Could it be… ADHD? ADHD and writing by Juliet Clare Bell

I have a terrible confession to make about Picture Book Den. So... we take it in turns to write blogposts each week and there’s a rota of who goes

only I don’t know where that rota is

…which means I don’t know when I’m meant to post. Which means
I periodically get a heart-stopping moment where I think ‘oh no [though much less
politely], it might be my turn and I’ve forgotten (again)’ -but I don’t think
the thought through properly enough in the run-up to the Monday
when someone posts (and ignore that nagging feeling), I think it on the Monday… but I have an almost
pathological fear of checking to find the rota to see if I’m right (that I’ve missed
my date). 

Sounds ridiculous, right? Because it is. Why don't I just write the dates on a calendar? And why would I choose to stick my head in the sand and NOT check the dates when I know that I haven't posted for ages? 

And yet I do it time and time again. When someone else posts on a Monday, I
breathe a sigh of relief as it can't have been my week after all...  Over the years, I’ve occasionally remembered to write down my dates for the whole year onto
my calendar which means I’ll get them in on time for that year -(IF I’ve
remembered to look at my calendar regularly, of course) but mostly I don’t. And
so, shamefully, I am reminded when I’ve already missed my deadline. It’s not
that I don’t want to do it. I love being in the Picture Book Den. I’m only posting this because shame thrives on
secrets (thank you, Brene Brown). I’ve got plenty of terrible confessions I could make
about opportunities missed because I have huge difficulties prioritising
anything, and how I can be 98% through a writing task but cannot make myself do
the last two percent -for often weeks, or months, or years. But all this
confession talk is working up to something that happened about four weeks ago…

It was my Usual Suspects moment (you know, when the big
reveal all comes together and it’s like ‘no way! [another realisation]… no
way!... [and another] no way! With each additional realisation that you’re
suddenly bombarded with, you think. Wow. 





It reminded me of the lightbulb moment in my most recent
picture book, Ask First, Monkey! (illustrated by Abigail Tompkins). Monkey gets it wrong time and time again and
doesn’t realise what he needs to do in order to work out whether someone wants
to be tickled or not. 

(c) Abigail Tompkins (2020)

And then…

                                                         (c) Abigail Tompkins (2020)

The realisation...

                                                            (c) Abigail Tompkins (2020)

It doesn’t mean suddenly that he’s always going to get it
completely right and never makes mistakes but it’s that realisation…

I suddenly realised -at the ripe old age of fifty, that 




For three months after a family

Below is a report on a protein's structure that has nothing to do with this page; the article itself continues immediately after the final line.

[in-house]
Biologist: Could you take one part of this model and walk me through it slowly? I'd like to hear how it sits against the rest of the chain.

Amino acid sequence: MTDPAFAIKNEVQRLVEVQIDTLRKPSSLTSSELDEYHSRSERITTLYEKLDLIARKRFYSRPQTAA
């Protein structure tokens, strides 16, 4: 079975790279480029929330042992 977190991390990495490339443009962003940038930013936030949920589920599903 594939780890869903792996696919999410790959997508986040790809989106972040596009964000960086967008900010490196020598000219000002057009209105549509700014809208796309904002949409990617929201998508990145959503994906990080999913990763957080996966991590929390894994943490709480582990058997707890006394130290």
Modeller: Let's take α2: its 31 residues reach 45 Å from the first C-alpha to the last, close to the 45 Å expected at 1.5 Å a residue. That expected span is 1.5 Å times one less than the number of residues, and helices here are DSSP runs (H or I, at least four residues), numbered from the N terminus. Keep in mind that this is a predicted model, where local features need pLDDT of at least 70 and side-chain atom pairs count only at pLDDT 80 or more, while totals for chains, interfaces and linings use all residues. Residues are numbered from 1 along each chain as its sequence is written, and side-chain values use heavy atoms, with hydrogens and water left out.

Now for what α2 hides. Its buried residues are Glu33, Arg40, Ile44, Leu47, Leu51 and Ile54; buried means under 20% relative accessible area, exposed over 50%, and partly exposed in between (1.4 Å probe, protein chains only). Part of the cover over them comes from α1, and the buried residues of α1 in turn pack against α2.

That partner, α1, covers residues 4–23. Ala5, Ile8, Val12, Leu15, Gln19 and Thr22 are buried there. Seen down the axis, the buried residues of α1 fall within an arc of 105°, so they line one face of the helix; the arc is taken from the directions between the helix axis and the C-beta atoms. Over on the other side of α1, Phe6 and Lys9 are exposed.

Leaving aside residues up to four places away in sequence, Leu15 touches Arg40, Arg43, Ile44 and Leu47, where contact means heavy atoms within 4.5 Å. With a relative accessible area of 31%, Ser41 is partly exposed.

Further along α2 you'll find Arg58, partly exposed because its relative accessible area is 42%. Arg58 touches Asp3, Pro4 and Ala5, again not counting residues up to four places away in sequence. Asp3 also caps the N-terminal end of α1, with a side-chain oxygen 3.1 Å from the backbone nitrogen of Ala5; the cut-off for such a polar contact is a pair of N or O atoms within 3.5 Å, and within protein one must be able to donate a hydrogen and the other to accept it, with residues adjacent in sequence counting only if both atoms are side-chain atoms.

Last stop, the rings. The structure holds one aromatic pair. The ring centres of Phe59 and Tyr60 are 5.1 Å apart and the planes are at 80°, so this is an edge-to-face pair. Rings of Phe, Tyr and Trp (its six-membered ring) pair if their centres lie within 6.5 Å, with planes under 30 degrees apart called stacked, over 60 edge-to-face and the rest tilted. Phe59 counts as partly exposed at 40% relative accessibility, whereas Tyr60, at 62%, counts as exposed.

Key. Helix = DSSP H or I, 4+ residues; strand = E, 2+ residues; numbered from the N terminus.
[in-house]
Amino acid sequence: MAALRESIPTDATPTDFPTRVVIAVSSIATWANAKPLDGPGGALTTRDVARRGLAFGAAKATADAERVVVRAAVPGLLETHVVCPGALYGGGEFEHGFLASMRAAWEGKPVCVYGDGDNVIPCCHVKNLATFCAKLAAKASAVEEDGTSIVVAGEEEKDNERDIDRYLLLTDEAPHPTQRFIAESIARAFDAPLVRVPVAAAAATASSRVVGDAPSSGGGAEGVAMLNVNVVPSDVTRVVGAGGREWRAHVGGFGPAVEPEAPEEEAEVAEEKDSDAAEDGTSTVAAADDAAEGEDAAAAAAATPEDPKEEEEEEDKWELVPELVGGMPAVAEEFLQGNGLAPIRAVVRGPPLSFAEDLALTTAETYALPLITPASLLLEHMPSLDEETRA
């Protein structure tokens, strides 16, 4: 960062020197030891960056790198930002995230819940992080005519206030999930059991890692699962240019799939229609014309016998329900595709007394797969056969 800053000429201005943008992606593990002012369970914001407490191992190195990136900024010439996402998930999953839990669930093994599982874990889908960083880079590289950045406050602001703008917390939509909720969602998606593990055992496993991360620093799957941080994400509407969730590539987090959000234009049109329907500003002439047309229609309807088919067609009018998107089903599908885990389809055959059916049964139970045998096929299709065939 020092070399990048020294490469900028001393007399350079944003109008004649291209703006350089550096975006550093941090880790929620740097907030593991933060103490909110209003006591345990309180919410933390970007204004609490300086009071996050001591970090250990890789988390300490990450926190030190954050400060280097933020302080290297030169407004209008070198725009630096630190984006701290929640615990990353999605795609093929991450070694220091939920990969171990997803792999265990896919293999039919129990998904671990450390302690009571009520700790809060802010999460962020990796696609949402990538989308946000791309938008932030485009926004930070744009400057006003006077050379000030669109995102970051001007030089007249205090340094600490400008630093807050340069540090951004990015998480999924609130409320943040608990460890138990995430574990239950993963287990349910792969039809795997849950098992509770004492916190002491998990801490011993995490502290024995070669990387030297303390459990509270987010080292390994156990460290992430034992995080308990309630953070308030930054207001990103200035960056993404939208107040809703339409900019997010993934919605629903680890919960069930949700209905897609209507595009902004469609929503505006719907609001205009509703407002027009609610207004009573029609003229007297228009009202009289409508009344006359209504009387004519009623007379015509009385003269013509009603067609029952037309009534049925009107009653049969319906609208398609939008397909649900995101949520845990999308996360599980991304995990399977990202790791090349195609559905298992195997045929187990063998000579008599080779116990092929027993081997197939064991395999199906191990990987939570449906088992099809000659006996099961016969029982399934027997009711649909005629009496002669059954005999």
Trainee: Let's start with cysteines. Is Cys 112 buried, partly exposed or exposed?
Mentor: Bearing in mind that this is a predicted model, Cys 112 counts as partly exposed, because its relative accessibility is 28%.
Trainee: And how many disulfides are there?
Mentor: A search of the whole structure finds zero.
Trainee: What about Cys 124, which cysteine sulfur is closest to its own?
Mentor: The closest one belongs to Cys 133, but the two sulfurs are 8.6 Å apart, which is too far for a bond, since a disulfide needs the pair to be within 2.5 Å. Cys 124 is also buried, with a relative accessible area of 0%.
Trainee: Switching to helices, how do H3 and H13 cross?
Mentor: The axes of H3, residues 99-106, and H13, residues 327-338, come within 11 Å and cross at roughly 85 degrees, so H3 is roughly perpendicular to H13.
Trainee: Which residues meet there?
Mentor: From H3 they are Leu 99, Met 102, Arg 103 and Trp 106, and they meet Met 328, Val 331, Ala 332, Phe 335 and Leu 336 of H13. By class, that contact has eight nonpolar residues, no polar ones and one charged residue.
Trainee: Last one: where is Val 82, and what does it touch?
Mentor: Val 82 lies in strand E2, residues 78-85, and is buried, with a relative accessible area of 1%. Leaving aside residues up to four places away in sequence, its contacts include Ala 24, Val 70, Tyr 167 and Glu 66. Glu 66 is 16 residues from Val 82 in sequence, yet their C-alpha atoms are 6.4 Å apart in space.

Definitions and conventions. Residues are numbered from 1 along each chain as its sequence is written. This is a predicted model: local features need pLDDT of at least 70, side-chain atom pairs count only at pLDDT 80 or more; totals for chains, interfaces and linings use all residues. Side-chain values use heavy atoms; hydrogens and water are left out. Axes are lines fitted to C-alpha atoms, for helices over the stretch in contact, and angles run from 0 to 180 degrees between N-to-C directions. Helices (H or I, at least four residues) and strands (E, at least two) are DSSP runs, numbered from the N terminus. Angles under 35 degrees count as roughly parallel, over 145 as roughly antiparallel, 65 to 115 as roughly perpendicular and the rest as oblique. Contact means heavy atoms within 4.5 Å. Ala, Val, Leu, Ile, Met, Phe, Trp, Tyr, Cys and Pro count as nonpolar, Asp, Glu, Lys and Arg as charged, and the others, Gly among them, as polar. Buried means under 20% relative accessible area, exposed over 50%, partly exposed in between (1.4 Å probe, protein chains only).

member suggested that both she and I had it and asked me to do an online test like she’d
done I had been in complete denial. I went and did one and the ‘this result strongly suggests you have ADHD’ didn’t
even leave me questioning if I had; I simply assumed it wasn’t a good test
(though I was totally on board with my family member having it). I took three more tests at various points over the following months (with only the last one feeling in any way like I was doing it to find something out about me and not the wrongness of the test). Obviously everyone must come up looking like
they had it. I am similar in my difficulties to quite a few friends and family and surely we didn’t
all have it?! Unless, of course, you’re drawn to people with a similar
slightly chaotic way of thinking/living…? And unless there’s a large genetic
component and actually you might come from an extremely neurodiverse family but
you all thought it was just normal (and that it was other people who
were different and not you…)  

loads of my life made sense for the first time. Before there were so many
individual things that I really struggled with but hadn’t put together (really MESSY
in real life -no idea how to keep a tidy home, and frantic tidying (or hiding
away of mess into various cupboards before anyone comes round), always FORGETTING
things, including how not to forget things -like writing things down… (and periodically thinking I'd invented an amazing new device comprising writing down what I was doing on each day before realising, once again, that that was a calendar and I had one -and could use it), not
being able to stay FOCUSED -except on certain things (I could do
mindless puzzles for hours, or follow some random research thought down a
rabbit hole for hours), my whole pattern of work history when I worked in
academia…, massive trouble PRIORITISING, having my work in one of nine places (I
counted for this post) because of real difficulties ORGANISING anything, being